Dear Tax Talk,
I am 48 and looking at withdrawing money from my IRA in preparation for a divorce settlement. What penalties, taxes and fees can I expect?
Not only are you getting separated from your spouse, but also your money. An individual retirement account, or IRA, belongs to the spouse that established it. You generally cannot transfer money from one spouse's IRA to the other spouse's account. An exception exists in the case of a divorce.
The transfer of all or part of your interest in a traditional IRA to your spouse or former spouse, under a decree of divorce or separate maintenance or a written instrument incident to the decree, is not considered a taxable transfer. As long as the receiving spouse maintains the funds in the IRA, neither spouse will pay income tax or penalty for early withdrawal.
There are two commonly used methods of transferring IRA assets to a spouse or former spouse. The methods are:
- Changing the name on the IRA.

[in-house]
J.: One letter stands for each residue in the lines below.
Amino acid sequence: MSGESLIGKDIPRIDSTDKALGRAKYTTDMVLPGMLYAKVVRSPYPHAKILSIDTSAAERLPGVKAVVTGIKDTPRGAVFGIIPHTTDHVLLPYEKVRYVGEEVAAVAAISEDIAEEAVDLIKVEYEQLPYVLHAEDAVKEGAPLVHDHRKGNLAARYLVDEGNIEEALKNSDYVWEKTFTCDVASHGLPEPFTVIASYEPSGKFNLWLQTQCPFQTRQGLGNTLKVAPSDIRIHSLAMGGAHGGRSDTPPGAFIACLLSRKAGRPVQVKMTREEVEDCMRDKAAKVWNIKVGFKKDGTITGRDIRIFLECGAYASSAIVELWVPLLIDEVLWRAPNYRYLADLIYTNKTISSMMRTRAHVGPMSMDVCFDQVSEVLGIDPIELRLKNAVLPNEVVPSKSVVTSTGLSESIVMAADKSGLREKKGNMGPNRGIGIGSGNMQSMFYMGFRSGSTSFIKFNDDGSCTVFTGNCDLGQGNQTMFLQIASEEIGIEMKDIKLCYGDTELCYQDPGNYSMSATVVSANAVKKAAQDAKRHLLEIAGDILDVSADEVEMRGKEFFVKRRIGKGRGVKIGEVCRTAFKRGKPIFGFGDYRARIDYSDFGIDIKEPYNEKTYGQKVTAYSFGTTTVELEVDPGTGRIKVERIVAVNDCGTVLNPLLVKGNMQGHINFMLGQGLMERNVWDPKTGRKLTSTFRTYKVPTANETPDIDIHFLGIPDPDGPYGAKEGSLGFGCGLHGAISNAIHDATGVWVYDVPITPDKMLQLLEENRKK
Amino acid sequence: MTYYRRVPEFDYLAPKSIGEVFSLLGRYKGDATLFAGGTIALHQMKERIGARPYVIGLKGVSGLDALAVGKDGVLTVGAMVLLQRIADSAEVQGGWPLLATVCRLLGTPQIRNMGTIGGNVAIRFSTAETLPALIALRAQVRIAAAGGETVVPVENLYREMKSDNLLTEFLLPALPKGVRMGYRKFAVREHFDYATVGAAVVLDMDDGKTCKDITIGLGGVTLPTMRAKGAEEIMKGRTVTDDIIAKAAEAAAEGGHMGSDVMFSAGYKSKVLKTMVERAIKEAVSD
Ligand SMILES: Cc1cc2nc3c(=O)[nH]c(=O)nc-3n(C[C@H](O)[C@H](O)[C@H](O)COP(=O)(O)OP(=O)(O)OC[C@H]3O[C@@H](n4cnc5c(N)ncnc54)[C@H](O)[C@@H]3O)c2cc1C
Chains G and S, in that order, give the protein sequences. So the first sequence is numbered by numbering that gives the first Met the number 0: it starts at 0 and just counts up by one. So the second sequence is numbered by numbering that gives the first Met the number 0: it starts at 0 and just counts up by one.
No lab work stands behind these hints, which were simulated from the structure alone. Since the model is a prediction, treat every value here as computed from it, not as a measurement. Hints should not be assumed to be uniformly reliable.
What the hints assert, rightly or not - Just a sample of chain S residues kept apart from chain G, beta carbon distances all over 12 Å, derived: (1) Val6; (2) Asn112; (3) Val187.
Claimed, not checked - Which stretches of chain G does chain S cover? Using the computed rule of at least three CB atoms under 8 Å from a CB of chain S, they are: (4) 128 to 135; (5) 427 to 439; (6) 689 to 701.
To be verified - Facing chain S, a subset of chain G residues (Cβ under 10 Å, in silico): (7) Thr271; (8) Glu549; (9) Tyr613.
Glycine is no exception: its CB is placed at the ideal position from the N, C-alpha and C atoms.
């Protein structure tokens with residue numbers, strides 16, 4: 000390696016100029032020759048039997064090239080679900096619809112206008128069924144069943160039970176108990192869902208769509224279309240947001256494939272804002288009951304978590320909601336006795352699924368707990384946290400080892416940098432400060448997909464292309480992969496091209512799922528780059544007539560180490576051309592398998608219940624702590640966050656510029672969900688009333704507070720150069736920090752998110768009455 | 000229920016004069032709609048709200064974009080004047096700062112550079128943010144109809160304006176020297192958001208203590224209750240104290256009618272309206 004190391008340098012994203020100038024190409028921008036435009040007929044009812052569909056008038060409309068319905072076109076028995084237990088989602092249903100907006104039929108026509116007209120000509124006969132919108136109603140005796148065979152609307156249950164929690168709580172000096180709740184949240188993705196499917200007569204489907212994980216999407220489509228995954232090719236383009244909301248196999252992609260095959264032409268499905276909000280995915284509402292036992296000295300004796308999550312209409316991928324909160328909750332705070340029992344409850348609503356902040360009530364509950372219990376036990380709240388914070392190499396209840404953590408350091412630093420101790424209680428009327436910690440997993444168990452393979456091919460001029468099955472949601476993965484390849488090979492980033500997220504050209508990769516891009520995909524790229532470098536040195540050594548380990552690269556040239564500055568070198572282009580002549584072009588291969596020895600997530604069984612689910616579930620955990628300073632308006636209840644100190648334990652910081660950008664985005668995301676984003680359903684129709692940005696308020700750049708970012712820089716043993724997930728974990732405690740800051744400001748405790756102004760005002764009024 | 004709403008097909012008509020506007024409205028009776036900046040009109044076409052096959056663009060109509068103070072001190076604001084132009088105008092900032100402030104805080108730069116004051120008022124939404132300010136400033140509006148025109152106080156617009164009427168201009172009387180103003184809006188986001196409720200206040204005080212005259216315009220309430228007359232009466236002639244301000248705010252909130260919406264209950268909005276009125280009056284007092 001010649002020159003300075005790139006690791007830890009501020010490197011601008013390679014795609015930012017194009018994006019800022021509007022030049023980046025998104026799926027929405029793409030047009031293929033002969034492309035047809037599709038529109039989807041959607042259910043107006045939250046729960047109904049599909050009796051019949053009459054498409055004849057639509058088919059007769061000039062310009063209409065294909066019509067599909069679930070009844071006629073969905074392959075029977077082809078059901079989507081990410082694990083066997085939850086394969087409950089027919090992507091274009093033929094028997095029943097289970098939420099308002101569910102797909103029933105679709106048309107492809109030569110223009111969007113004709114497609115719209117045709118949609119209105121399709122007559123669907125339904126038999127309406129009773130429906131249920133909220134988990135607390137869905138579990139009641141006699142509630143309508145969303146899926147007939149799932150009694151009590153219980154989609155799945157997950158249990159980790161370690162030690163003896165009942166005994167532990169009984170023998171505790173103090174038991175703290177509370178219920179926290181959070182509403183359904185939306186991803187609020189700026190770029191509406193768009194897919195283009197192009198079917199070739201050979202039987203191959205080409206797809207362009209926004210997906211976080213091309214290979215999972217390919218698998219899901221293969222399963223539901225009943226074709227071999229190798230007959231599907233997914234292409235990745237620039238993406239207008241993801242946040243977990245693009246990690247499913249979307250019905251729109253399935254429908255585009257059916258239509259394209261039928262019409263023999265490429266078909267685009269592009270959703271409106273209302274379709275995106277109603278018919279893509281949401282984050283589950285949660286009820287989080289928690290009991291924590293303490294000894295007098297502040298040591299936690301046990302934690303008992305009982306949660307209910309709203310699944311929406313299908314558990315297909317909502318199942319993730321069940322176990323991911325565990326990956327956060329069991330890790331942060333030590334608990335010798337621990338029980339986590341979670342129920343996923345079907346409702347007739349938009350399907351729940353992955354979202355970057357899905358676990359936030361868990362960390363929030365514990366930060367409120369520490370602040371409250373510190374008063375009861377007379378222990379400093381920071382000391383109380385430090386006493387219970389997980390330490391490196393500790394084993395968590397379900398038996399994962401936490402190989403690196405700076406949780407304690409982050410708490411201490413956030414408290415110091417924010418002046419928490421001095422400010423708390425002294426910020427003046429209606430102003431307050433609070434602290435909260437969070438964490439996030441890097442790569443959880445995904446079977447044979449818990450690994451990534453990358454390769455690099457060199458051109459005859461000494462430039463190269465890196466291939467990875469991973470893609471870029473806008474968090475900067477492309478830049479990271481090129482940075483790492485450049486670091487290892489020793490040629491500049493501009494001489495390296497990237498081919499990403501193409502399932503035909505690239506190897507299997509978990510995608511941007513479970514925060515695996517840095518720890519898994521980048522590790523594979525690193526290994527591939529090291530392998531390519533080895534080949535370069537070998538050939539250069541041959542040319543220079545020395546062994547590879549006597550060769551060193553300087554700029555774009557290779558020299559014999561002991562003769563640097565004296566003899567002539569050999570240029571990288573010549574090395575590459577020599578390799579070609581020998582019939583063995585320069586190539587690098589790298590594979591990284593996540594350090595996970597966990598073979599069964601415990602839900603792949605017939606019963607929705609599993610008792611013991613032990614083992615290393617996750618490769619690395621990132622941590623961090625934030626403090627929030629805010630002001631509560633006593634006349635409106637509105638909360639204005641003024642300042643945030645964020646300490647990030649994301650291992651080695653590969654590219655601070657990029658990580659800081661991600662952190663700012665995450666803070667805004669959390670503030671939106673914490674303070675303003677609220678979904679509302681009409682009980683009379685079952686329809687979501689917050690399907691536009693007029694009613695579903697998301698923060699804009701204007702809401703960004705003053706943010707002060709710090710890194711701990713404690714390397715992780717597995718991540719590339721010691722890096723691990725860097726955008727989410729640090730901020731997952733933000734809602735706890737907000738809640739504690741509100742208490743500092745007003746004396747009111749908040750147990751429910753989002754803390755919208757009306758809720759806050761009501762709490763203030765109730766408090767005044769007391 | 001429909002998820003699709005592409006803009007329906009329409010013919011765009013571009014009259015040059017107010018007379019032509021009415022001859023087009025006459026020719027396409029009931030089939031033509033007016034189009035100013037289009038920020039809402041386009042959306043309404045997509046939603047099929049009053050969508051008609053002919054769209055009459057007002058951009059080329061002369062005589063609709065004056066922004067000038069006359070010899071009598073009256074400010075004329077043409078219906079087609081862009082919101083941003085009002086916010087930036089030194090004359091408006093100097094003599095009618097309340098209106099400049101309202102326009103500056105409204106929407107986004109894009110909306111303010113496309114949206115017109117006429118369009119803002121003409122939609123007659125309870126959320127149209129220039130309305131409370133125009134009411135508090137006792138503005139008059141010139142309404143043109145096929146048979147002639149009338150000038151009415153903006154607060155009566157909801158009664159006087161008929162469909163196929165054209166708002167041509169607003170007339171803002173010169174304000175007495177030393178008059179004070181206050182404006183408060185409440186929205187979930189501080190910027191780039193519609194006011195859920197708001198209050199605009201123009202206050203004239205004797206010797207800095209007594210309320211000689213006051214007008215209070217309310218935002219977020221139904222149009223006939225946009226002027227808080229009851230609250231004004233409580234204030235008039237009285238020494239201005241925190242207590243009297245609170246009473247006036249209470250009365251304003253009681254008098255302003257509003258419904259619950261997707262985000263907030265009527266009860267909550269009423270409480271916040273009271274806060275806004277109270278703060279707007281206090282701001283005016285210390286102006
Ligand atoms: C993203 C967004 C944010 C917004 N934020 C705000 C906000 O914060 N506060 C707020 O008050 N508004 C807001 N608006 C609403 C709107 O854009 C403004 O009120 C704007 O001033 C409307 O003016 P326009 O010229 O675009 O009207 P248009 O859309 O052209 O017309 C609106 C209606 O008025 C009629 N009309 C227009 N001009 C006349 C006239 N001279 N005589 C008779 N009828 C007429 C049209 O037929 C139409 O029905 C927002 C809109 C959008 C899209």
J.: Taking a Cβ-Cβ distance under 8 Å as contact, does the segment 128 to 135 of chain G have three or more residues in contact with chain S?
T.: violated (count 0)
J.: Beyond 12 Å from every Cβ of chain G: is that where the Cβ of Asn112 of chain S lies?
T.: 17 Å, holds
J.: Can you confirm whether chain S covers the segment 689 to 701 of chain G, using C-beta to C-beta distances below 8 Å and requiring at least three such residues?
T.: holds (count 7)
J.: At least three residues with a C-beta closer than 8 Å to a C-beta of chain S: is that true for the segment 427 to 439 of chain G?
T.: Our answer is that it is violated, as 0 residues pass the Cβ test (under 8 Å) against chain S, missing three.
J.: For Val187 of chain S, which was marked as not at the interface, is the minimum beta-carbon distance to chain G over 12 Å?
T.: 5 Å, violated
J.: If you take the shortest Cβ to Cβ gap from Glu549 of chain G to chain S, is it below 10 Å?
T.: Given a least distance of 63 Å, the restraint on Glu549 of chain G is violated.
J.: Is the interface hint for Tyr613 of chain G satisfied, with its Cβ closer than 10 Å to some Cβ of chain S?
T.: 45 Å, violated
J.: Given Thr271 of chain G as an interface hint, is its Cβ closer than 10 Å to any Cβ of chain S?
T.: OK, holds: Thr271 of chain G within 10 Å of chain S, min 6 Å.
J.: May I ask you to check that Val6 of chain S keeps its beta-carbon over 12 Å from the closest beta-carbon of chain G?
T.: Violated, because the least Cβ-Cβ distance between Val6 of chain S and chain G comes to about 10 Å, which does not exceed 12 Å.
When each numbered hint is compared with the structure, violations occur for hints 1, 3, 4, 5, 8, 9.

- Making a direct transfer of IRA assets.
If all the IRA assets are to be transferred, you can make the transfer by changing the name on the IRA from your name to the name of your spouse or former spouse.
With a direct transfer, you direct the trustee of the traditional IRA to transfer the settlement amount directly to the trustee of a new or existing traditional IRA set up in the name of your spouse or former spouse.
Similar nontaxable treatment applies to your interest in employer-sponsored retirement plans transferred incident to divorce.
You would not make the withdrawals prior to the divorce. This would be taxable, and as you're under age 59½ they would be subject to the 10 percent penalty for early withdrawals.
Ask the adviser
To ensure compliance with requirements imposed by the IRS, we inform you that any U.S. federal tax advice contained in this communication (including any attachments) is not intended or written to be used, and cannot be used, for the purpose of (i) avoiding penalties under the Internal Revenue Code or (ii) promoting, marketing or recommending to another party any transaction or matter addressed herein. Taxpayers should seek professional advice based on their particular circumstances.
More From Bankrate.com